CHRISTIAN SORROW. to reconcile the account of Moses with the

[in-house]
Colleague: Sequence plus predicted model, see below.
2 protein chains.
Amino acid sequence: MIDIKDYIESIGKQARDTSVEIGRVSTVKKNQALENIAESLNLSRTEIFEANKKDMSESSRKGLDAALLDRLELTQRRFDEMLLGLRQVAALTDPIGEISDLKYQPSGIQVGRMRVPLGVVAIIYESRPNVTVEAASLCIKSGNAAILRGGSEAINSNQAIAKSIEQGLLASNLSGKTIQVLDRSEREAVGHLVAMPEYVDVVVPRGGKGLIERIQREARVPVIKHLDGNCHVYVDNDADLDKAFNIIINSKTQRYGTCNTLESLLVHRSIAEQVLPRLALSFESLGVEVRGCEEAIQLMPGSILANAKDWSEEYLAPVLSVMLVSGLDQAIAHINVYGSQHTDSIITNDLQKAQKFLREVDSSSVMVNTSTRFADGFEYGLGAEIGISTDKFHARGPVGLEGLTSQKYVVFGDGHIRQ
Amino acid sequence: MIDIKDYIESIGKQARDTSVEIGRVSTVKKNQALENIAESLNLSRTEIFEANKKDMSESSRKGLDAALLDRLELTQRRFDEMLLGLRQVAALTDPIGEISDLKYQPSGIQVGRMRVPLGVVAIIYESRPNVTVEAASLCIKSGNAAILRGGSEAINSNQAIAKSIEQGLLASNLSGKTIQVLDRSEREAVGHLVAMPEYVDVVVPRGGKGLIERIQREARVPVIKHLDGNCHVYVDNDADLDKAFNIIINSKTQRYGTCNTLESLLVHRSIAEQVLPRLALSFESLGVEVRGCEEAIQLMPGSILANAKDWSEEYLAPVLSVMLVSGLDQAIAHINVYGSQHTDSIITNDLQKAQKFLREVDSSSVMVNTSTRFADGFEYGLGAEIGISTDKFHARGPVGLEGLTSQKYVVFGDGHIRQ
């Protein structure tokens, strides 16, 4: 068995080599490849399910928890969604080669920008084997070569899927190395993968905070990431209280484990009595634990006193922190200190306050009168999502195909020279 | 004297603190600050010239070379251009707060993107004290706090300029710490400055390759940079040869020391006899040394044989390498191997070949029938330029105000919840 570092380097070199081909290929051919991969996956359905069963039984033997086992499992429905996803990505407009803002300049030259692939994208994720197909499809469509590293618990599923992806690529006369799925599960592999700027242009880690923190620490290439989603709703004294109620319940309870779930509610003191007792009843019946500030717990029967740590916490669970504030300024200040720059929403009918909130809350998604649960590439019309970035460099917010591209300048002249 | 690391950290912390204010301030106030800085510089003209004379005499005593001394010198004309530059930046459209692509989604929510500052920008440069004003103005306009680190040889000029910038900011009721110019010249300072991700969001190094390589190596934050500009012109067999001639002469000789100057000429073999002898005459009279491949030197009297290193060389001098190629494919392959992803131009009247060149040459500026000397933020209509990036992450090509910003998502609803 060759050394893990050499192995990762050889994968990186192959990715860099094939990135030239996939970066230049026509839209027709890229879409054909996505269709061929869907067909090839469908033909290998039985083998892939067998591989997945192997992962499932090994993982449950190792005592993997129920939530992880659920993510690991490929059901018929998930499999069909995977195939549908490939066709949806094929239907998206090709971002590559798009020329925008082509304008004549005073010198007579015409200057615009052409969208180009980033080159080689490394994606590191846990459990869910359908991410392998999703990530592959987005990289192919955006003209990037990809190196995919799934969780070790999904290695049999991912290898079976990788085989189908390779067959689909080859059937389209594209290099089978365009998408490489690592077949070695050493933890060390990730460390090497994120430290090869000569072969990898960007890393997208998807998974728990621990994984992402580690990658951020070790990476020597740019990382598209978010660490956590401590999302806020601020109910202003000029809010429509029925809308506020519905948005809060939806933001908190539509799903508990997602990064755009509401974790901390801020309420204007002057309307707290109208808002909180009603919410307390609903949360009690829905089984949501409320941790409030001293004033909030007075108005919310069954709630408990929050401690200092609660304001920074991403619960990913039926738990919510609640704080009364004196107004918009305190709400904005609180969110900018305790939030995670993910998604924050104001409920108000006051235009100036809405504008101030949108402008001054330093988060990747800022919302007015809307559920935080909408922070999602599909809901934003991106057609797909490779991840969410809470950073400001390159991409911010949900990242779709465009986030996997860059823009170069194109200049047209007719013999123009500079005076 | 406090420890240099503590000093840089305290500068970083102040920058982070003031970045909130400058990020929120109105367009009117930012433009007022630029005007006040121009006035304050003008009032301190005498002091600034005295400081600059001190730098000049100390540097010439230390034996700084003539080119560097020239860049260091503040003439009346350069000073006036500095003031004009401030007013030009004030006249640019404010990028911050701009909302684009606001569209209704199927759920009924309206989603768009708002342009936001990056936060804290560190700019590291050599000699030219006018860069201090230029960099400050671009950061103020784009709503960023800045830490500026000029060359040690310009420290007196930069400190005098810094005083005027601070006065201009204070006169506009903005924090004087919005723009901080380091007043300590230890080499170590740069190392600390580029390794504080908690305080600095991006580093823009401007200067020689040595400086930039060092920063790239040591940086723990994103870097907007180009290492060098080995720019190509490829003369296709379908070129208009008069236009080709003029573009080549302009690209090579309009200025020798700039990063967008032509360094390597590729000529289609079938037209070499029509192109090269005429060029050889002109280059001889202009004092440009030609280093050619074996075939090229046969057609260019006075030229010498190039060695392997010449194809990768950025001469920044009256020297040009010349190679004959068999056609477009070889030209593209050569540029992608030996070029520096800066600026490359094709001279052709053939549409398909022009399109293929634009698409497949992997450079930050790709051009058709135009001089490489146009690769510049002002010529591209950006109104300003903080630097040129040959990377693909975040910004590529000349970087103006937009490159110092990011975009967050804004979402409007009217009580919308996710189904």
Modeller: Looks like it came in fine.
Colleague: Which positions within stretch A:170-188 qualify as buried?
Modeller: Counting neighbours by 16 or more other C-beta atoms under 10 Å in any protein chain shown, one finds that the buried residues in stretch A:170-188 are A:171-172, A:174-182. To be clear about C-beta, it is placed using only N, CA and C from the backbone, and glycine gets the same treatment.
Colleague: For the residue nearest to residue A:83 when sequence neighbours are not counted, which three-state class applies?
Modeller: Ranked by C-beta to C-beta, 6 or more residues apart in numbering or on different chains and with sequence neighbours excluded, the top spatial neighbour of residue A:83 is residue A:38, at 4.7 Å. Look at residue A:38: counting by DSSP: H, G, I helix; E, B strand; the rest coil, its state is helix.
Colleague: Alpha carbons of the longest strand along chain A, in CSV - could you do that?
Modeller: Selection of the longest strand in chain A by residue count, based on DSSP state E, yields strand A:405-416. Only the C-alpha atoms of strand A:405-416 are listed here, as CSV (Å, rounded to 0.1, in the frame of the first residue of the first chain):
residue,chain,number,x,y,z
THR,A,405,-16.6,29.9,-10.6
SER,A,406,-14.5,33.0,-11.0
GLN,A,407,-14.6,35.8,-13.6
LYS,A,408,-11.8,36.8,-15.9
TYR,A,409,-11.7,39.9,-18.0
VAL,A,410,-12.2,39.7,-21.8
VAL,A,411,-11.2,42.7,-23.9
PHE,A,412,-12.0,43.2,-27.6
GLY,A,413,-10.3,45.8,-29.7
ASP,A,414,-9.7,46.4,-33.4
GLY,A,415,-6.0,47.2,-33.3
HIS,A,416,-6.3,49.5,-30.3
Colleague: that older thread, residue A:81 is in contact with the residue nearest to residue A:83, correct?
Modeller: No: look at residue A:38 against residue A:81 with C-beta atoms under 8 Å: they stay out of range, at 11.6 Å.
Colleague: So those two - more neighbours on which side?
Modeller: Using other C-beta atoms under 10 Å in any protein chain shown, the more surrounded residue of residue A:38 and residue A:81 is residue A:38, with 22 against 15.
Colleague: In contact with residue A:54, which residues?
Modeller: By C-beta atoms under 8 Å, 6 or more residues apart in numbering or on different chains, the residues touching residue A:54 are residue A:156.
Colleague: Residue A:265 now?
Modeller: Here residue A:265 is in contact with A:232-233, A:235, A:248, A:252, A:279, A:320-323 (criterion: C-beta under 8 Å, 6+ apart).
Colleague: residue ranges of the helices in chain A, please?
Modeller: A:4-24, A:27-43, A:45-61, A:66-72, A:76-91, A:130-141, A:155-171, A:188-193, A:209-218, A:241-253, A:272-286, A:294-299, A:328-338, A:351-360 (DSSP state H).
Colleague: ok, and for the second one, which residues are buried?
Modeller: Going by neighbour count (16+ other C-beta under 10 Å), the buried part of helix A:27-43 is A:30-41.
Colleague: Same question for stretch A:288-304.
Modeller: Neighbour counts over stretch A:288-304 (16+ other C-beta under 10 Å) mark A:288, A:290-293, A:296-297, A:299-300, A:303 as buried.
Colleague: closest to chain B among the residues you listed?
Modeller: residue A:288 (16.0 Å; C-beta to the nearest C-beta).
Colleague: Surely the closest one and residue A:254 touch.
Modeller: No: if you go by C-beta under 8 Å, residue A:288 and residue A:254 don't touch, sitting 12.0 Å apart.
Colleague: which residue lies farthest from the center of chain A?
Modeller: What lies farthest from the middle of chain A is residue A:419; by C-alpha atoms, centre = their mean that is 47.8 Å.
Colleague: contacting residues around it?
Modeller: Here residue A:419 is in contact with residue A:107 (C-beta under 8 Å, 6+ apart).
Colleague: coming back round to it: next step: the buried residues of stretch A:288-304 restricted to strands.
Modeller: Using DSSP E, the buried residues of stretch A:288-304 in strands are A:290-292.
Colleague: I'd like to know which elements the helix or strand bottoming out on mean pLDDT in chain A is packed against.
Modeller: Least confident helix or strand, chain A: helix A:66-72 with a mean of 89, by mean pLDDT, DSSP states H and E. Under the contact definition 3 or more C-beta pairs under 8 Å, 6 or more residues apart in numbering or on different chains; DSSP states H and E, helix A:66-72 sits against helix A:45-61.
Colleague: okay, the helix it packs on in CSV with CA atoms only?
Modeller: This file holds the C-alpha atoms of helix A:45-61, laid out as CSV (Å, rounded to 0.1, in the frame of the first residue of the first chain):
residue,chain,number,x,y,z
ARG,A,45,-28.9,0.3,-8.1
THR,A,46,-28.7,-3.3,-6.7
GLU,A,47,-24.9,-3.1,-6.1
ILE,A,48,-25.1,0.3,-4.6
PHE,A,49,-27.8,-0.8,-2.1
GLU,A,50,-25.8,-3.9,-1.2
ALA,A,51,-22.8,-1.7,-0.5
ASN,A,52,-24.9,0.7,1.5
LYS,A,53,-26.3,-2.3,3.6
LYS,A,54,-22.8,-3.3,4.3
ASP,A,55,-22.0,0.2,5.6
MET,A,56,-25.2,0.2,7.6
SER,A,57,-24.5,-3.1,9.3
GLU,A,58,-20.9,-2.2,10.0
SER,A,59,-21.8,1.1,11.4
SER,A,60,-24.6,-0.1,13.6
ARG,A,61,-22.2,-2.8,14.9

The following beautiful and eloquent true astronomy of the heavens-and, as a extract is from a sermon, delivered on the second shock of an earthquake is always occasion of the death of the Rev. D. Kidmore dreaded than the first, so many ston, by his successor, the Rev. John Christians will remember thé, perhaps, Ker:still deeper mental agitation which they felt Christian sorrow for the departed in reconciling Genesis with the discoveries should lead us to seek reunion with the of Geology. But these are not the only object of our affection. This is the instinct sources from which unbelief in the future, of grief wherever it is genuine-to be will derive its armory of weapon's There where the lost one is. When Jacob are days coming which will try every thought Joseph among the dead, he was opinion, whether it be of God, or whether it ready to visit him there : ‘I will go down be of man; andthese days are close at hand into the grave unto my son, mourning ;' God appoints us trials in our minds, as and when he knew him to be in Egypt, well as in our outward affairs. There will he was eager for the journey: 'It was be a great shaking in the theories of phi-enough: I will go and see him before I losophy, as well as in the constitution of die.' The gospel does not destroy human kingdoms. All these trials will serve a grief with its natural longings; it comes good purpose. They will destroy super- to consecrate it to the noblest ends, and stition, and they will establish religion, by make a ladder of it that shall reach to purifying it, and causing it to pass through heaven. Instead of leaving our affection the fires. The mortal will perish, the im- to glimmer like the phosphorescence of mortal will remain.